The Alternative Public Service Local Solutions Guide proposes methods local governments can use to provide ongoing services or partner with others to meet residents’ needs despite budget constraints. As local governments face continued fiscal stress, alternative models for delivering public services can provide economic relief while promoting innovation and growing stronger networks among municipalities. Alternative Public Service Solutions are different models for rethinking public service funding and delivery, which can address varied needs from recovery and planning to stewardship of parks and waters to delivery of public safety services. The guide is divided into five subsections describing different types of solutions: Crisis Budgeting, Public-Private Partnerships, Local Government Organizations, Shared-Services, and Technical Assistance (Universities and Foundations). While there is variation in the steps for each of the solutions, all these innovations require: Community Engagement, Communication, and Partnerships.
Get help deciding when and how to resume operations while protecting the well-being and safety of your employees and communities.
FEMA Contact: David Thomason, Senior Program Specialist/Tribal Liaison, David.email@example.com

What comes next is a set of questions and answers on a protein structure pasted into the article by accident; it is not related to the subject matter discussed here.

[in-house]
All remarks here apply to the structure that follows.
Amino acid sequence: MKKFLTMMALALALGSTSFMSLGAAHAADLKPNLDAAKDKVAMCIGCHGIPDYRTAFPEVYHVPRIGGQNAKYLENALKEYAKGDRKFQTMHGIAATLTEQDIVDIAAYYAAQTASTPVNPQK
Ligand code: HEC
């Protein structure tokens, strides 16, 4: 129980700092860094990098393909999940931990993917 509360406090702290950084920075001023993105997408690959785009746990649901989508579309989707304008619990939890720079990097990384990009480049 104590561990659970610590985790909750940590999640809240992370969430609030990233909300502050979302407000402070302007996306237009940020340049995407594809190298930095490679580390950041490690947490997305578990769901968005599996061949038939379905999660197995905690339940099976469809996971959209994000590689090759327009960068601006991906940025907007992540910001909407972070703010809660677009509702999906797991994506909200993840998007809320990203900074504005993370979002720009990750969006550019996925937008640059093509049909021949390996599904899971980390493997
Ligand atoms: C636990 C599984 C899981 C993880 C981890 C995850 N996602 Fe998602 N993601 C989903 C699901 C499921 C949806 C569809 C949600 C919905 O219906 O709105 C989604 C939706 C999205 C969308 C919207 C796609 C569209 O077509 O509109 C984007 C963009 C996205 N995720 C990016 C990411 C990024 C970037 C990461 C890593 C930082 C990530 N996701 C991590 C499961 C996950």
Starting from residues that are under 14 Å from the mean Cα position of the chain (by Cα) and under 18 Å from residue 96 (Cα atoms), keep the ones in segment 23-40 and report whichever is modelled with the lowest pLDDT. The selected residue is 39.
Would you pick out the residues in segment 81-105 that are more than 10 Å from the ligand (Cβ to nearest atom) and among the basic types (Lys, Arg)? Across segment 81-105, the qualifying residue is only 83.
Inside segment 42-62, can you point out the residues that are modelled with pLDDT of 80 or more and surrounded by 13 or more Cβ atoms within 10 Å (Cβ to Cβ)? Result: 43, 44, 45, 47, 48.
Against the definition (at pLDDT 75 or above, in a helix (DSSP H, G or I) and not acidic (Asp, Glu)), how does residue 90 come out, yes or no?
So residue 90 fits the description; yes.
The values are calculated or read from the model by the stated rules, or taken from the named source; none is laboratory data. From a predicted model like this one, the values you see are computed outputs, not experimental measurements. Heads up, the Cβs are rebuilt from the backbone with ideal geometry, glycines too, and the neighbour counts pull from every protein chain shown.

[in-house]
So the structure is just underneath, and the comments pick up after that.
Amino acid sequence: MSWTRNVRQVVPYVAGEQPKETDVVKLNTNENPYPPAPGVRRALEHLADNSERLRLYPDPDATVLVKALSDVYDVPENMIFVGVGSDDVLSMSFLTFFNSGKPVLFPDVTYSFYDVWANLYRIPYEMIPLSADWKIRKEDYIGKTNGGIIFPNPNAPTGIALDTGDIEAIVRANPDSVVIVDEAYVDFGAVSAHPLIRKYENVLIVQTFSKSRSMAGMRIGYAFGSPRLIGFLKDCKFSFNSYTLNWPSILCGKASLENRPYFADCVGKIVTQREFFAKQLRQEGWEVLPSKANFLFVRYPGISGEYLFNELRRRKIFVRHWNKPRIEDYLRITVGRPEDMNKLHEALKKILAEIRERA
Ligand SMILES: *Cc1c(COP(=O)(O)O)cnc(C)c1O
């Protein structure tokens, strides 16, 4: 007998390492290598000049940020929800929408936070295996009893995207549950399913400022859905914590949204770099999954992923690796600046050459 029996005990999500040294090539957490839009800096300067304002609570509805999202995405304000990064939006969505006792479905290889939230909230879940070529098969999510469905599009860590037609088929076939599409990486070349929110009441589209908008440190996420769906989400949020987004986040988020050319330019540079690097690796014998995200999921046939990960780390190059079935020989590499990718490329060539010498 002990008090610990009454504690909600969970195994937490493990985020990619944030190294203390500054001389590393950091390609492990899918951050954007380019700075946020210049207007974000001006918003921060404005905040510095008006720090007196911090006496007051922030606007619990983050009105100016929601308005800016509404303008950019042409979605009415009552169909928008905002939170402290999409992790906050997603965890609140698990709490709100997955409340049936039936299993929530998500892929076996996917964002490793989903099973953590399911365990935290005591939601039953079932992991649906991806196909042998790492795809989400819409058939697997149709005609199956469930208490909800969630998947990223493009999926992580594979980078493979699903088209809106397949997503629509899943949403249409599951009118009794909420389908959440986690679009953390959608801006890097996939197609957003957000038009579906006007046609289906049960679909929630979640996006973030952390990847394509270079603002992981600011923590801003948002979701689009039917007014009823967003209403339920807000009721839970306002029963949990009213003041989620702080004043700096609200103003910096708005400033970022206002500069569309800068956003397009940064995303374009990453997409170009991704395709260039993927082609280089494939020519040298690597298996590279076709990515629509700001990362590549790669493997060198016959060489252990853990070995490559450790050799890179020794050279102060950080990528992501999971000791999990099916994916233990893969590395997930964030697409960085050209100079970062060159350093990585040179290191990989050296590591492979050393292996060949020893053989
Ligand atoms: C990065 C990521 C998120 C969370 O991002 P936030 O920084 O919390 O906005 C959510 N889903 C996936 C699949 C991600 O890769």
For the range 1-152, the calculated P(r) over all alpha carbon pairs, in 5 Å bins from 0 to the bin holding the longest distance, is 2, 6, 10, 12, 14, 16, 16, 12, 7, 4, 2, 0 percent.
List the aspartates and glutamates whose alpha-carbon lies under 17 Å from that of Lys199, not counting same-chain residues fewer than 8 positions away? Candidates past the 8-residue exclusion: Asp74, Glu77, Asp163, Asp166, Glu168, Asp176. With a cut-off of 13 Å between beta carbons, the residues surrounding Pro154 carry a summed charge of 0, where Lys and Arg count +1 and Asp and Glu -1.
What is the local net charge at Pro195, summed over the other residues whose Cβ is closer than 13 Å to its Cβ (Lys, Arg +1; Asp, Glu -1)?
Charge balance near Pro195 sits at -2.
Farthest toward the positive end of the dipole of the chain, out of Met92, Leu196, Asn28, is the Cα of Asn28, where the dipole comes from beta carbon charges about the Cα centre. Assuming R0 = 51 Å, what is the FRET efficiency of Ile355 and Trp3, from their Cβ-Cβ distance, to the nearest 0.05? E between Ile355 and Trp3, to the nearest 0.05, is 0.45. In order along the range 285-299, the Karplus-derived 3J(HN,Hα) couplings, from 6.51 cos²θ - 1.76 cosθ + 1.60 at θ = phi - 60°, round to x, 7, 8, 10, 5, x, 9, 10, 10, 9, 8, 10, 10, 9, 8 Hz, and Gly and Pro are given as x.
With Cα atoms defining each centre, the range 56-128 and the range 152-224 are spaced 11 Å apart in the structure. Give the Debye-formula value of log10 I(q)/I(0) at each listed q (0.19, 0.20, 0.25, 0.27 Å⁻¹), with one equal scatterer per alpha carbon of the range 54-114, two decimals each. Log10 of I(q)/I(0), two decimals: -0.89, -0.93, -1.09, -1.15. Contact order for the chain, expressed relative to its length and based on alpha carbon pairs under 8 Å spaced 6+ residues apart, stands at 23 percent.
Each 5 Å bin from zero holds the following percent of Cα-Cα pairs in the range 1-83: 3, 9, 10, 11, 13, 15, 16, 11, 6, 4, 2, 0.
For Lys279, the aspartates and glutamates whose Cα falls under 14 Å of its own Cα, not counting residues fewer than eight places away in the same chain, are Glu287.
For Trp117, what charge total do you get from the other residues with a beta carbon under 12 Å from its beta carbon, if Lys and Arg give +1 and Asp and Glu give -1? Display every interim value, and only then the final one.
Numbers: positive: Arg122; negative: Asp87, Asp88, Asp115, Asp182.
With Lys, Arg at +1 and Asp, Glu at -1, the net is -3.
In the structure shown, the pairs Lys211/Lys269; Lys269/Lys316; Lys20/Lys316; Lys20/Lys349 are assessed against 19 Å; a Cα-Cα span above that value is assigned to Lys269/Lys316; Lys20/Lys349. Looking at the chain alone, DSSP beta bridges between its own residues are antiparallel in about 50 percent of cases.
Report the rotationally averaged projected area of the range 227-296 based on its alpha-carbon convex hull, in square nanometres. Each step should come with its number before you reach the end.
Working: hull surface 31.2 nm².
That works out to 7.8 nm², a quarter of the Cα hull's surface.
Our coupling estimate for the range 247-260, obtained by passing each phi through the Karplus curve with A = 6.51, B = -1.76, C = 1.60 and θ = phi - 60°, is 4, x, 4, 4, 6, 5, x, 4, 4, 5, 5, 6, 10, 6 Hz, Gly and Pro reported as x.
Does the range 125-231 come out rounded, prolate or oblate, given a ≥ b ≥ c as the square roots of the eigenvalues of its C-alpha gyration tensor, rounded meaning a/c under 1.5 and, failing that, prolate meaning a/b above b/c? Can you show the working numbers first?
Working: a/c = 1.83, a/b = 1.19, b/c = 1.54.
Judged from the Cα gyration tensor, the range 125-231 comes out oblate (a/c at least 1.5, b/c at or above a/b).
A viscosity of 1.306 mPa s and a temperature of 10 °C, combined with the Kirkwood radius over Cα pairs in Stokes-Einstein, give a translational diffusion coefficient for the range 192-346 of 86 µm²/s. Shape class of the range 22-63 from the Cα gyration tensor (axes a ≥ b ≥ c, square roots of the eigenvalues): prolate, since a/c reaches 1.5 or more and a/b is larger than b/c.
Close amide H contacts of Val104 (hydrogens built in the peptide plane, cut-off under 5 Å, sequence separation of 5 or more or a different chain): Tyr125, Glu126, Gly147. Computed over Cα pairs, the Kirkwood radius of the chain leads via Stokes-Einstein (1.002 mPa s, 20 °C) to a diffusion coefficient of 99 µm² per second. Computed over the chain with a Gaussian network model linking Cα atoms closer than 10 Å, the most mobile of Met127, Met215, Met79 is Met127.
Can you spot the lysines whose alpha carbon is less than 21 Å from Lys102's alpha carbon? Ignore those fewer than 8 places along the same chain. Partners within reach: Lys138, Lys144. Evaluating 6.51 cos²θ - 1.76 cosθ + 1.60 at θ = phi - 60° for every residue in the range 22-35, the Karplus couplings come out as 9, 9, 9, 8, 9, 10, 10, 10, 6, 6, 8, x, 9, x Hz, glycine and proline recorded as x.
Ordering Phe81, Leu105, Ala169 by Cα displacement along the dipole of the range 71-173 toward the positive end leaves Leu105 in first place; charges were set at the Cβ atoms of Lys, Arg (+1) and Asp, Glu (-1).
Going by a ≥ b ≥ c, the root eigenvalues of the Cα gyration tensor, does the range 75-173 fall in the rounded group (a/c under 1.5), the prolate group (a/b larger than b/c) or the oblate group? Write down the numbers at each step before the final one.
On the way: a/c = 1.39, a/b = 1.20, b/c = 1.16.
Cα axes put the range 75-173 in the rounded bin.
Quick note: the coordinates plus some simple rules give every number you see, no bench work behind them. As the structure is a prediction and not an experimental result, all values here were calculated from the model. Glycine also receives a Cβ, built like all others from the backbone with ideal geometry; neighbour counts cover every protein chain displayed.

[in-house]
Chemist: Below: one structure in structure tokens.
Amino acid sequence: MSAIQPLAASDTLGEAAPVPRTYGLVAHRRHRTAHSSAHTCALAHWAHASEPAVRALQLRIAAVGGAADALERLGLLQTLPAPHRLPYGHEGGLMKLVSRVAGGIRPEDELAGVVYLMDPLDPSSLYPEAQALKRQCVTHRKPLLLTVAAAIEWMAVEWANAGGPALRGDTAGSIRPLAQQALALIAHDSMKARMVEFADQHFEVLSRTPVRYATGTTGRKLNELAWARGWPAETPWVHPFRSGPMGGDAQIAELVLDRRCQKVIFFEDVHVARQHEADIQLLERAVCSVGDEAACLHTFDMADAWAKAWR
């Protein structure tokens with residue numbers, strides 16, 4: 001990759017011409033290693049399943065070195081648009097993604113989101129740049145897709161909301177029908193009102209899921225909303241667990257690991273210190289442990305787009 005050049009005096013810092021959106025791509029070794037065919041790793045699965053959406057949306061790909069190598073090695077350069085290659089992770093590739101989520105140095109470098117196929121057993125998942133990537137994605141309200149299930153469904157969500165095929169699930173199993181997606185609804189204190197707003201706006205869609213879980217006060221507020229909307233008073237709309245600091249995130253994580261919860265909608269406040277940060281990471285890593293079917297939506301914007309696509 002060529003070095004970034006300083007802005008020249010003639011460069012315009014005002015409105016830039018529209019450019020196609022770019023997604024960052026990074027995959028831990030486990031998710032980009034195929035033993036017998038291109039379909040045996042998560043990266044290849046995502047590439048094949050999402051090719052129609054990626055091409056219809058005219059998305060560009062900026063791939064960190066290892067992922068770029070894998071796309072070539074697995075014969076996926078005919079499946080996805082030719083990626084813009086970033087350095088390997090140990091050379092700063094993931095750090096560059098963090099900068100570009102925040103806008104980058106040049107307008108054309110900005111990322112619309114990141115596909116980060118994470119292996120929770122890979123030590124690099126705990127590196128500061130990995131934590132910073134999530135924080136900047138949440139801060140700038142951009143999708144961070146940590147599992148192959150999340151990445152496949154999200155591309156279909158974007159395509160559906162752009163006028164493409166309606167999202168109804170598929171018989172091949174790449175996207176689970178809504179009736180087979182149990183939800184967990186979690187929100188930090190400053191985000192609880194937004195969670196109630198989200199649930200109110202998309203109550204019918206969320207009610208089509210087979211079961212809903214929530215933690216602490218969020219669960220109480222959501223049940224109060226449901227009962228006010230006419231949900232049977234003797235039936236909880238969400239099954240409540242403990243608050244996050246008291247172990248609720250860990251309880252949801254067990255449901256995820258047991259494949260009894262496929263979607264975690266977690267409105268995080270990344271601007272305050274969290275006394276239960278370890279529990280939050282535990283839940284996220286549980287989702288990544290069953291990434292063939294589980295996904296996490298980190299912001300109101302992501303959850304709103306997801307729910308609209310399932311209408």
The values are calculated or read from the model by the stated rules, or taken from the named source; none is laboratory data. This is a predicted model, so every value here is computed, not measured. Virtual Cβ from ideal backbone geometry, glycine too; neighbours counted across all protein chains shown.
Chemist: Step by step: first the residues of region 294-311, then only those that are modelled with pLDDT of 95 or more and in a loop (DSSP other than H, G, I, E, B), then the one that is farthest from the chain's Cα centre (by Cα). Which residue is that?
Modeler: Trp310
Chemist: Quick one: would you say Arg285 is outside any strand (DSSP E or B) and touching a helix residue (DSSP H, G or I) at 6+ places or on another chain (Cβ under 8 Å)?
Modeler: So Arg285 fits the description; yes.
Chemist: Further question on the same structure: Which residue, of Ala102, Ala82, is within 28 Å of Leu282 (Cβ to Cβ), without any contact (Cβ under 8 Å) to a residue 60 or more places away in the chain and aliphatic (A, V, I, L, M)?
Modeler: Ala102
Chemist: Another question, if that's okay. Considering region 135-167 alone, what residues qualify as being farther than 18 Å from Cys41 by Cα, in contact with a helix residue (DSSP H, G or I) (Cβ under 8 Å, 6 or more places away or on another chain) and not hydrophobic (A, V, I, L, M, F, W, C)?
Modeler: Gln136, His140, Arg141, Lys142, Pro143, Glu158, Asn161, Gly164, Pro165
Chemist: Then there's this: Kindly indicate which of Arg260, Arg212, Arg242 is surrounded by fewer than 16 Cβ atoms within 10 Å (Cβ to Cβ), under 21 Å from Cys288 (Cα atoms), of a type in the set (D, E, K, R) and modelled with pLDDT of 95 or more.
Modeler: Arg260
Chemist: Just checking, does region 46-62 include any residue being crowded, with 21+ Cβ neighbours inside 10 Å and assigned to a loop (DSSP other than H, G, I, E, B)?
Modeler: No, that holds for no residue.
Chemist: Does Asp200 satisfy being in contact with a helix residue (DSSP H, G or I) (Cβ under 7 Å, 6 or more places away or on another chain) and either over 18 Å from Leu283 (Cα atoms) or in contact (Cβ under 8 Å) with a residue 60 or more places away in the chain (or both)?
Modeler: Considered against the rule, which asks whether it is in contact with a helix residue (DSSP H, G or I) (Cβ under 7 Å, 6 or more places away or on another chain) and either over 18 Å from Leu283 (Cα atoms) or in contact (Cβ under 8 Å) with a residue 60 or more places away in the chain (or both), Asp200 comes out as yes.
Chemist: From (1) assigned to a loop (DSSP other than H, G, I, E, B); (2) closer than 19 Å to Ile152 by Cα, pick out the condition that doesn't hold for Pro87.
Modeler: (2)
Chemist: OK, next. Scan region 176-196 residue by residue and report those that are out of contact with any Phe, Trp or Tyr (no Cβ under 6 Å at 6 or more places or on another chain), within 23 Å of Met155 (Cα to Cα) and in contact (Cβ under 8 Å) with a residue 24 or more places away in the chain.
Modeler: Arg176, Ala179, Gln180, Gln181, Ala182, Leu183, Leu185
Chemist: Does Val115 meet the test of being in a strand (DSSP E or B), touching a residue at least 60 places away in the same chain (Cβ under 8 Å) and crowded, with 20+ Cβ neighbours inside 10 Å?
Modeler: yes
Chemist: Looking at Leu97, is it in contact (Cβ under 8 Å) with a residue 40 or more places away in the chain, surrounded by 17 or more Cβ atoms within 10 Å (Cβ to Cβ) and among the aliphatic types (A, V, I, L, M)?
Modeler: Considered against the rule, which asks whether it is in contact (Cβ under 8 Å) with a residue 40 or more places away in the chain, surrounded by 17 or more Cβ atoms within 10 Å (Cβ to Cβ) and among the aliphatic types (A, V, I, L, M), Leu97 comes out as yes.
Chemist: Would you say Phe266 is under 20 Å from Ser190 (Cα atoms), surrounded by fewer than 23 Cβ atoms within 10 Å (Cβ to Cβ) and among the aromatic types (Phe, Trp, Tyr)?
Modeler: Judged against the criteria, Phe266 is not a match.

New statewide business district resurgence grant fund now accepting applications
The Virginia General Assembly recently funded a new Virginia Statewide Business District Resurgence Grant Fund. This fund seeks to advance and accelerate the post-pandemic recovery of Virginia’s business and commercial districts by supporting historically economically disadvantaged communities and those business districts and sectors that have been disproportionately impacted by the pandemic. Funding will provide a more inclusive framework for community-driven, comprehensive revitalization, resilience, and vitality. Local governments and/or nonprofit organizations may apply for both the Capacity Building and Business Support grants for a total potential award of $150,000. Applications are due July 30, 2021.
Register now for Virginia DHCD’s How-to-Apply webinar on June 15, at 2:00 PM to learn more about eligibility, application submission requirements, grant selection and more specific program information.
DHCD staff can help identify and prioritize appropriate projects and provide direct technical assistance for applicants.
Contact: DHCD staff, firstname.lastname@example.org